There’s too much dependence upon Shaqiri, though. Breel Embolo is likely to provide the speed, probably from the left, but Haris Seferovic doesn’t score enough goals upfront, although his movement is often excellent. Switzerland reached the first knockout stage of both World Cup 2014 and Euro 2016 and will probably replicate that achievement in somewhat boring fashion.
Their main challengers are Serbia, who they’ll meet in a potentially crucial second group game in Kaliningrad on June 27th. Serbia have boasted a solid selection of defenders for the last decade, but now offer more attacking thrust too – at least on paper.
Branislav Ivanovic and Matija Nastasic will play at the back, with Aleksandar Kolarov bombing forward from the left. Like Switzerland’s Rodriguez, his set-piece delivery will be more important than his overlapping in open play. The holding midfield duo of Nemanja Matic and Luka Milivojevic is excellent and could help Serbia to outplay the Swiss – and perhaps control the game in spells against Brazil.
Serbia certainly have talent going forward, although a lack of consistency. Dusan Tadic should play from the right, jinking past full-backs before crossing, but his end product is unreliable. Sergej Milinkovic-Savic is a hugely vaunted young number 10, but he’s barely played for Serbia and therefore we can’t really judge his relationship with his teammates. Filip Kostic, on the left, could be useful in a group featuring unconvincing right-backs. Upfront, Aleksandar Mitorvic is an old-school number nine who might be suited to the slightly slower pace of international football.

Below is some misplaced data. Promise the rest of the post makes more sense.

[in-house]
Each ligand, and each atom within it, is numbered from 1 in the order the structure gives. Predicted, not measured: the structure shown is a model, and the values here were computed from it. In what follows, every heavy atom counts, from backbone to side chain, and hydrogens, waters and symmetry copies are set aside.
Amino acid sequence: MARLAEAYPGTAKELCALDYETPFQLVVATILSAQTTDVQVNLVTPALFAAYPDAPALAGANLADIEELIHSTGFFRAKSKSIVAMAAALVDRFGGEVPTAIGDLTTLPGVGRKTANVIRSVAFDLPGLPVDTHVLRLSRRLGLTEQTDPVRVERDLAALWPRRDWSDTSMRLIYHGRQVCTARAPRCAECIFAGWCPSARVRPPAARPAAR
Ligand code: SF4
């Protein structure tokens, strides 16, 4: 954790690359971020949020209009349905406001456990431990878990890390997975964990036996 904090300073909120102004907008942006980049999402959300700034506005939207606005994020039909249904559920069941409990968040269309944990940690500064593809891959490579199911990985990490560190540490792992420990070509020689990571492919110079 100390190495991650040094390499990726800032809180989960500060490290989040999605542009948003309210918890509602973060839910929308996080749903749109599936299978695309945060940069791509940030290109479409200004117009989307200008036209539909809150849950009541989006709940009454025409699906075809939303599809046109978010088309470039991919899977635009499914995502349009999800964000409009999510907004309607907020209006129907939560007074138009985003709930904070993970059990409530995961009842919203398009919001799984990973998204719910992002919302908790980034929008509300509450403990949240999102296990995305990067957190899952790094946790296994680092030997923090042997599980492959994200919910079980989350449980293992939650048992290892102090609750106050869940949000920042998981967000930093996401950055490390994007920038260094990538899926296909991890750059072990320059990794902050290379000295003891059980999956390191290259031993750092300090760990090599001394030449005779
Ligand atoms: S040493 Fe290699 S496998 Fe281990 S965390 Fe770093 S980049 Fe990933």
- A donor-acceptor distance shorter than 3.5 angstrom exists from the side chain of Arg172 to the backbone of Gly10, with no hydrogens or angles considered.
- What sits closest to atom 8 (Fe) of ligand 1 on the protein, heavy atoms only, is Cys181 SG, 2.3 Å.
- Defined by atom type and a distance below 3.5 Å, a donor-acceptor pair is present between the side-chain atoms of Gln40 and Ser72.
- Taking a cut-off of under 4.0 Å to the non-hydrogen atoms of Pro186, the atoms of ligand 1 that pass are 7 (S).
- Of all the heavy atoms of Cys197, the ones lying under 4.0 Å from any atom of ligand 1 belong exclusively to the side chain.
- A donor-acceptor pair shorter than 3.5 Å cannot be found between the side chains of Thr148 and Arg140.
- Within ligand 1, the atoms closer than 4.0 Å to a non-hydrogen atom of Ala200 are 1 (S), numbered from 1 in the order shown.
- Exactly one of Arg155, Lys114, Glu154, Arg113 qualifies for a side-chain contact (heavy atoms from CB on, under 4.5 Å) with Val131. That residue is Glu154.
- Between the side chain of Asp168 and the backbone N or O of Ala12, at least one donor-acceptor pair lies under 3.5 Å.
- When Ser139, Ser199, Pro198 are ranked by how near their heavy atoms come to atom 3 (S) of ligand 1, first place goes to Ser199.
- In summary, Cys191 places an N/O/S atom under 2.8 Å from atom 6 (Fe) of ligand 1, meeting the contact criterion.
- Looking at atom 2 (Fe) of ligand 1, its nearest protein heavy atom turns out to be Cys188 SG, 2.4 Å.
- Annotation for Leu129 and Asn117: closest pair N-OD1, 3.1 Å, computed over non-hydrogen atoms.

But there are several question marks about Serbia. Coach Mladen Krstajic has only been in charge since October and has no previous coaching experience. There was a shift from a three-man defence to a back four, which has harmed cohesion at the back. There have been questions about the level of squad harmony after Ivanovic was stripped of the captaincy in favour of Kolarov, and there’s probably too much expectation upon Milinkovic-Savic considering his lack of experience at this level. Serbia look better on paper than on the pitch.
Costa Rica are the outsiders – and while they successfully overcame that tag to win a much harder group four years ago, a repeat performance seems unlikely this time around.
Costa Rica almost unchanged from their run to the World Cup 2014 quarter-finals, still using a 3-4-3 system. The defensive trio of Johnny Acosta, Oscar Duarte and Giancarlo Gonzalez work excellently together and hold a good offside line, with Bryan Oviedo and Christian Gamboa overlapping well. Carlo Borges and Yeltsin Tejeda are two technically gifted holding midfielders who will remain in their position and guard against counter-attacks.
Going forward there are two main threats: the speed of Joel Campbell, and the guile of Bryan Ruiz. They combine well on occasion, particularly on the break, but both have endured underwhelming periods at club level. Daniel Colindres or Rodney Wallace appear likely to complete the front three, providing width.
Progression from the group seems unlikely. But Costa Rica defeated the USA twice, and Mexico once, in qualification, their defensive record is good, and they collect a lot of draws, so it wouldn’t be a surprise to see them frustrating a disjointed Serbia side in their opening game.
See all of Michael's other group previews here:
Group A - Egypt, Russia, Saudi Arabia, Uruguay
Group B - Iran, Morocco, Portugal, Spain
Group C - Australia, Denmark, France, Peru
Group D - Argentina, Croatia, Iceland, Nigeria
Group F - Germany, Mexico, South Korea, Sweden
Group G - Belgium, England, Panama, Tunisia
Group H - Colombia, Japan, Poland, Senegal